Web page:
In a recent paper in Religious Studies, Clarke criticizes Mumford's definition of a miracle as it fails to recognize a supernatural agent capable of intent. Clarke believes that in order for an event to qualify as a miracle a supernatural agent must intend it. It is my aim to dismiss this qualification and demonstrate how Mumford's intent-neutral definition is less problematic. I will do this by examining each of the three cases against Mumford's definition and give reason to (...) reject Clarke's criticism and his own definition of a miracle. (shrink)
A primary proposal of the Cowan target article is that capacity limits arise in working memory because only 4 chunks of information can be attended at one time. This implies a single, unitary attentional focus or resource; we instead propose that relatively independent attentional mech- anisms operate within different cognitive subsystems depending on the demands of the current stimuli and tasks.
The development of the typical cladomothallus of the red algae Antithaminion plumula (Ellis) Le Jolis [= Pterothamnion plumula (Ellis) Nägcli], (Rhodophyceae, Ceramiales) is simulated with the help of a formal language called L-systems. Two types of uniseriate filaments are distinguished: axial filaments of cladomes with indefinite growth and branching and pleuridia with definite growth and branching. The rythmical acropetal formation of secondary axes with basitonic arrangement contrasts with the intercalary basitonic formation of pleuridia, resulting in an acrotonic arrangement within an (...) axial segment. Five types of cells and two types of cell divisions intervene in the system. In addition, for the graphical representations, some morphological particularities of A. plumula are taken into account: the curvature of axial filaments, the extension of growth zones, variable cell generation times, and segment length variability along an axis. The incidence of these variables on the generated thallus form is emphasized, pointing to the singularities of A. plumula. (shrink)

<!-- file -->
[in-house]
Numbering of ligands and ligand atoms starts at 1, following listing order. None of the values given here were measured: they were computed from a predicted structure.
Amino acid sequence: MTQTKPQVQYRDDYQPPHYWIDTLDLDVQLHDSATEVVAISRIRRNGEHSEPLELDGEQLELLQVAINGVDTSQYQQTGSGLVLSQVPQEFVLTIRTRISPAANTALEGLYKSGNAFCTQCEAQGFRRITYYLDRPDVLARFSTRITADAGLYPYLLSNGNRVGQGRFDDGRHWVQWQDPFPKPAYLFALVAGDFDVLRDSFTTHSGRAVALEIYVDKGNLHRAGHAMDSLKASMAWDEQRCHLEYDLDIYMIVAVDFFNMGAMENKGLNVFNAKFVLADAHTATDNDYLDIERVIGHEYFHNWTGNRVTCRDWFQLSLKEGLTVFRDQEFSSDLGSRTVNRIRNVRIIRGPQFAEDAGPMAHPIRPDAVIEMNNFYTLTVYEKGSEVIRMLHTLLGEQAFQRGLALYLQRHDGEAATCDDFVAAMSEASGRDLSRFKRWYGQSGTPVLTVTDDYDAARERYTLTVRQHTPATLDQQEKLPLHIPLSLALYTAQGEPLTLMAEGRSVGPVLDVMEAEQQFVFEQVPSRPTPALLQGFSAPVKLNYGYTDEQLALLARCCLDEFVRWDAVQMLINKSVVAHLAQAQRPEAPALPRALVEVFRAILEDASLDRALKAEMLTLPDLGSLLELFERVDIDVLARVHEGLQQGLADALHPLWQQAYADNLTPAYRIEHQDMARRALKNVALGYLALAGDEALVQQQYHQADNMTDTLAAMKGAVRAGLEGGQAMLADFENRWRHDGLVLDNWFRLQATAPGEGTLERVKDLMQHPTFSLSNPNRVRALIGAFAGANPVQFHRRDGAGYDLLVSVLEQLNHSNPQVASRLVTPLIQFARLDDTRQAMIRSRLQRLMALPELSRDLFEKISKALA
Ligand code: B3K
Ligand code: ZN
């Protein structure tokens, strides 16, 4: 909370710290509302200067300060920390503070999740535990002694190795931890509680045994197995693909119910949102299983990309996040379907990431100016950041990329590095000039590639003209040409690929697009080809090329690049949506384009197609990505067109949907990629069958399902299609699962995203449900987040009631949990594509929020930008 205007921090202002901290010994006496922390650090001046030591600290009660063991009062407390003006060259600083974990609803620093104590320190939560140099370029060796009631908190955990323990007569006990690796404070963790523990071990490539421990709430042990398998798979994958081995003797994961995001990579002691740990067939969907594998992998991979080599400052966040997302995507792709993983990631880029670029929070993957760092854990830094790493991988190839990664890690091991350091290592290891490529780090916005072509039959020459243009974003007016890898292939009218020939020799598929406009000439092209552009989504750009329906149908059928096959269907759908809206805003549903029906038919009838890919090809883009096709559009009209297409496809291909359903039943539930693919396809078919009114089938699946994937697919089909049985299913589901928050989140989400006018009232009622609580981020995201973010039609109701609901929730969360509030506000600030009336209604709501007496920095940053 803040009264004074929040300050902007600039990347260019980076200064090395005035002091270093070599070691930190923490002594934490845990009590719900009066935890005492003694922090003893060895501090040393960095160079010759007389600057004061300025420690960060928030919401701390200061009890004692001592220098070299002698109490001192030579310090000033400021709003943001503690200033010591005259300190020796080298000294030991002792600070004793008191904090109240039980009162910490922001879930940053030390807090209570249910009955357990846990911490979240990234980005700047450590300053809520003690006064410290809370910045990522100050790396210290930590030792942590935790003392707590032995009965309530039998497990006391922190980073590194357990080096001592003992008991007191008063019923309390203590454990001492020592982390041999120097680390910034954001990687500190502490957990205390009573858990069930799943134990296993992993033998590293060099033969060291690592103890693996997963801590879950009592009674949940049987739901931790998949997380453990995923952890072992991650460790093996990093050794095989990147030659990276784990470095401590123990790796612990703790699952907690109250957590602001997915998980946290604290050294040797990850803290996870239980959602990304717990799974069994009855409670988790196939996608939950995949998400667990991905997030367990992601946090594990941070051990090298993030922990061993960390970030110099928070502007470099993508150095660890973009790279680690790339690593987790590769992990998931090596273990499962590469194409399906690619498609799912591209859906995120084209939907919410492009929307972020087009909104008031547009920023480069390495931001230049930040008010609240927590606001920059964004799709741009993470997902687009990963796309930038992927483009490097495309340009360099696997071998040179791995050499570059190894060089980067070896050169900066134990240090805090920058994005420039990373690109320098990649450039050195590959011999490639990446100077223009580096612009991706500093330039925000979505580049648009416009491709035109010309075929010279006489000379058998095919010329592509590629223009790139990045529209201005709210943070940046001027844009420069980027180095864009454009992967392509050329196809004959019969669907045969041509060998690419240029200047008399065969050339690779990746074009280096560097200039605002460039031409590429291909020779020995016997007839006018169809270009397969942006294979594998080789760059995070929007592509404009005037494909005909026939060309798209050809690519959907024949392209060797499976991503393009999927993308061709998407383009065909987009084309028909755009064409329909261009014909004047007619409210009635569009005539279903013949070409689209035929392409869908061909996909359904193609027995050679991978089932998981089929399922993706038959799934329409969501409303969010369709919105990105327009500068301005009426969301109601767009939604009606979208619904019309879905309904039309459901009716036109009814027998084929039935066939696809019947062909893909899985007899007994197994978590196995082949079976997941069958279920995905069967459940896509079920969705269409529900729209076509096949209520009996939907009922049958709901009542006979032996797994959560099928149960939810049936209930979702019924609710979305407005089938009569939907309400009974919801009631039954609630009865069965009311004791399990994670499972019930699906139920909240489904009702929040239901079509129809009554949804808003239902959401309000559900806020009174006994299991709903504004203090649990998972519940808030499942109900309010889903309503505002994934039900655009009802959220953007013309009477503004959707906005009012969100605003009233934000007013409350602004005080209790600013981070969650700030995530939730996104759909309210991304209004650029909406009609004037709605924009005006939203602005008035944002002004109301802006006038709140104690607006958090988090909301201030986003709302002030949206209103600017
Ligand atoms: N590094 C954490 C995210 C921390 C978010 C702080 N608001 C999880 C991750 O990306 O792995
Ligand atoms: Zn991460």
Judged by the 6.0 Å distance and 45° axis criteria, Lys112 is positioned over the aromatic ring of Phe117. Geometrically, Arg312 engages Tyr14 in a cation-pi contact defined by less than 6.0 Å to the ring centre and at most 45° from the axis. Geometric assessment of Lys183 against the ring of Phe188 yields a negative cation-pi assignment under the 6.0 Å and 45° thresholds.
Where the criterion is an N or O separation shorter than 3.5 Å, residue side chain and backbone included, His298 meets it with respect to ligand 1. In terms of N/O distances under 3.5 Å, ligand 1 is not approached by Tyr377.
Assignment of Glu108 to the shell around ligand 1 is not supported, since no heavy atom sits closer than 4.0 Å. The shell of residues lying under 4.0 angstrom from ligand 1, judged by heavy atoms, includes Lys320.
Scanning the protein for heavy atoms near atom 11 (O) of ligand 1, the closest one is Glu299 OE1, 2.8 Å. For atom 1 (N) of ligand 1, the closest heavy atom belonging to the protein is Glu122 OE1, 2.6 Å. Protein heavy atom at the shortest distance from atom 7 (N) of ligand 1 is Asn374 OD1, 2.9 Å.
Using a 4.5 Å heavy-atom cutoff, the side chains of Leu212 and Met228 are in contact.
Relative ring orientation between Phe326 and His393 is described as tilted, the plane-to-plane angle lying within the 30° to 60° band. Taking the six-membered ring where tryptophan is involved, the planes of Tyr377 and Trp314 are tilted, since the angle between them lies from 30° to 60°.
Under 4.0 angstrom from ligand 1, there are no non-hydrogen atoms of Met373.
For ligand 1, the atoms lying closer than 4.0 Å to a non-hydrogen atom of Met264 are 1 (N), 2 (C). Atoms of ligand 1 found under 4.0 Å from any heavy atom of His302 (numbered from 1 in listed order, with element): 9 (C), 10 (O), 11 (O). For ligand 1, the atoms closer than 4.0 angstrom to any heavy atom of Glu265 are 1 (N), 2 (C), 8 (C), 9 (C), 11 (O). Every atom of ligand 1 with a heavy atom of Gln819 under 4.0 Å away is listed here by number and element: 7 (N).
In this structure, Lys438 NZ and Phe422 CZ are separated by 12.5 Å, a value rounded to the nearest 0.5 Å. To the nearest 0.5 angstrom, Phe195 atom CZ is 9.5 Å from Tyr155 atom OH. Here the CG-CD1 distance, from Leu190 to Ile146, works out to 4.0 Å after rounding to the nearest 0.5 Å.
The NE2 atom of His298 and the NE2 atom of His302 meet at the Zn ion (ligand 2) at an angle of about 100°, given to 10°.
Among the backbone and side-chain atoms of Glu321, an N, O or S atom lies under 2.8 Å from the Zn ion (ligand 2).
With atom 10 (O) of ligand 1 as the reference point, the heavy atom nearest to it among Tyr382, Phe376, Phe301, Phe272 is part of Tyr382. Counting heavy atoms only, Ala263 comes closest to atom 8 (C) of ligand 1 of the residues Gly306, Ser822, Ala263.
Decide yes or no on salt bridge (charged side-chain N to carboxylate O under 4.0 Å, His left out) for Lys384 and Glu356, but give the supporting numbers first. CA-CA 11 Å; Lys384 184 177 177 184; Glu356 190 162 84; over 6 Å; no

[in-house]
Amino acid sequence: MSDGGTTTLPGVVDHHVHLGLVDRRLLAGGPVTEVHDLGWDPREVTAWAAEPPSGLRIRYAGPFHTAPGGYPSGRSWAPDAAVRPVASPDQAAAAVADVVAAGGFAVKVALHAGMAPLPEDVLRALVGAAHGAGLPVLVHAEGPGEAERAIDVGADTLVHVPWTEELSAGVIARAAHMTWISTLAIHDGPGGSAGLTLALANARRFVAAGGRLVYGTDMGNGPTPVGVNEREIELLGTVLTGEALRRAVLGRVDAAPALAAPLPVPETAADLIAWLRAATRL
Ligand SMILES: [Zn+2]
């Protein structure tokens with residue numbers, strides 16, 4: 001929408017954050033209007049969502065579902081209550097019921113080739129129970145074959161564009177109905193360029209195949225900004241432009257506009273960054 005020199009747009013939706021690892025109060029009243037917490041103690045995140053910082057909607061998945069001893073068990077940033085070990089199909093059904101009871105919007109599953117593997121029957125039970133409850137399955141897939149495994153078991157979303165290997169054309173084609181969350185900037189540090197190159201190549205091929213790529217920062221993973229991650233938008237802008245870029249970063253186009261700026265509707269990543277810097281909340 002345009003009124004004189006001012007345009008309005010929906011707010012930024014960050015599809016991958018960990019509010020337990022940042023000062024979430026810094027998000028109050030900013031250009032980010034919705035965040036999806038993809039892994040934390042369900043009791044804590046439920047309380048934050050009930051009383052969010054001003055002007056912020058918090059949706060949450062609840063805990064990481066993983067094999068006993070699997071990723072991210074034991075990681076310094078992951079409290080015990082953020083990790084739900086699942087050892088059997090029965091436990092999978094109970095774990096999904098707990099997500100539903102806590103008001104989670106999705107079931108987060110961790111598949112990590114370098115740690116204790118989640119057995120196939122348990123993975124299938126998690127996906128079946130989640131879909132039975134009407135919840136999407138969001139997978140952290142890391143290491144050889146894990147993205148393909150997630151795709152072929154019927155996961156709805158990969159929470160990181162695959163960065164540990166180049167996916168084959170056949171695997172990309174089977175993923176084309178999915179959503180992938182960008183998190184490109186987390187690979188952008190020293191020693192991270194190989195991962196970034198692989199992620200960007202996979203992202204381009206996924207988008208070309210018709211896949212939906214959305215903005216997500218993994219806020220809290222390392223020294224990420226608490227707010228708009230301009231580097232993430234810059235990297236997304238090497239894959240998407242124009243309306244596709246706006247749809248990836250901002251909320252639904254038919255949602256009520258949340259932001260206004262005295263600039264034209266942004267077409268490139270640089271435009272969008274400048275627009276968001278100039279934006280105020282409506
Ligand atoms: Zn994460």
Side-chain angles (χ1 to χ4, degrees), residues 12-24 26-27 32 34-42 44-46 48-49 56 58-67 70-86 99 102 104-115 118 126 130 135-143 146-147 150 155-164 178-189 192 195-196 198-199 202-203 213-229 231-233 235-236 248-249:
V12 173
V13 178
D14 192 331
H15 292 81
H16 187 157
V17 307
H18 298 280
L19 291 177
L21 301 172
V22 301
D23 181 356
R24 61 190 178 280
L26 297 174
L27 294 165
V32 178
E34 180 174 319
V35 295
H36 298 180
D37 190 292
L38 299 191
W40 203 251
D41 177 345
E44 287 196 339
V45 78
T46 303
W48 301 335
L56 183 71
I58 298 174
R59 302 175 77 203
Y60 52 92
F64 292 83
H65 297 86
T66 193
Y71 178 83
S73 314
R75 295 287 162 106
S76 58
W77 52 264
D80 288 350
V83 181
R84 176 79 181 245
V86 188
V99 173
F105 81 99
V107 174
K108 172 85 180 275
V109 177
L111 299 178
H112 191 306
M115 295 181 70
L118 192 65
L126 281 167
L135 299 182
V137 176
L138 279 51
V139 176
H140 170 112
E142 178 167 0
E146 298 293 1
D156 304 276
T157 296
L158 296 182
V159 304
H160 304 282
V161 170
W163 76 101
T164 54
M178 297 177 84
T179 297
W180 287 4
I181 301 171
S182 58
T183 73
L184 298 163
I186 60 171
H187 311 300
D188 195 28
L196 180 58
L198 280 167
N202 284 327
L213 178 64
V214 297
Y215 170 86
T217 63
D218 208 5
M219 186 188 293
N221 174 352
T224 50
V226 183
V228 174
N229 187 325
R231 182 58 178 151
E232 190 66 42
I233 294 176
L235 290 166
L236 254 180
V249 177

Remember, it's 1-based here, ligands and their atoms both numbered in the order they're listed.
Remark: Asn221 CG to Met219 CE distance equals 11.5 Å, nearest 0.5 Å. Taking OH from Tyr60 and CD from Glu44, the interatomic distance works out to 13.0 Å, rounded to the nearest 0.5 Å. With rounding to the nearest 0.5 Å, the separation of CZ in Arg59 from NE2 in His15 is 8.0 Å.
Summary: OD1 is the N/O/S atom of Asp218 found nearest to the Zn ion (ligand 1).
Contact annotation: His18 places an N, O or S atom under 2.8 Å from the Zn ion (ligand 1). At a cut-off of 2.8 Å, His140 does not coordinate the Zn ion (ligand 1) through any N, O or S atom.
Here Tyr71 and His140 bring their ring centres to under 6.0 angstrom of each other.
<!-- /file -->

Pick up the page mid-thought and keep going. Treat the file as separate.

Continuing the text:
A determined division wall positioning in each plant cell with respect to the last formed division wall leads to autoreproductive configurations which can simulate plant-like meristems as such with 2/5 phyllotactic patterns. L-map systems are used to generate the corresponding topological wall nets. But in these patterns cells are not six-sided as mostly found in layers. It is shown that wall staggering cannot be a determinate device of the cell itself, nor a randomized dissociation of the cross walls, but results (...) from a physical control with interaction between adjacent cells. It is independent of the cellular program responsible for the appearance of patterns like 2/5 phyllotaxis which is of a pentameric nature. (shrink)
The construction of theoretical models in biology, situated at the cross-roads of biology, mathematics and computer science, often leads to a tool as final product. Its genesis can be named Infogenesis. The procedure of the resolution of theoretical problems is analyzed on examples of practical purposes taken from plant biology.The first example deals with mineral plant nutrition, explaining a way to go from theoretical ionic balances to the experimental realization of nutritional solutions with macro-element components.
Data from experiments on Erica × darleyensis and from related observations (Viémont and Beaujard, 1983) are taken for a critical analysis of the proposed model of morphogenetic phenomena. The criteria for judging the coherence of the constructions proposed in plant morphology are based on mathematical constructions deduced from Petri nets, especially elementary nets.
Topological developmental models with local (position of internodes) and global (branch lengths) characteristics are proposed to investigate the relationships between fundamental branching patterns of plants such as acrotony, mesotony, and basitony, including the coincidence of different patterns on the same plant. Modification of the basic acrotony during the development by means of, (1) the final expected main axis length results in either basitony or an extension of acrotony over a shortened main axis, (2) the final expected lateral branch length yields (...) either lateral unlimited sympodial branching or the absence of proximal branches. Combinations of these schemes can have variable quantitative expressions on main and lateral axes.As applications, progressive morphological changes introduced by monotonic variations of parameter values give an insight into the relationships between determinate and indeterminate growth, using Lycopersicon as an example. - A theoretical framework is proposed as a possible aid for formalizing plant typology. (shrink)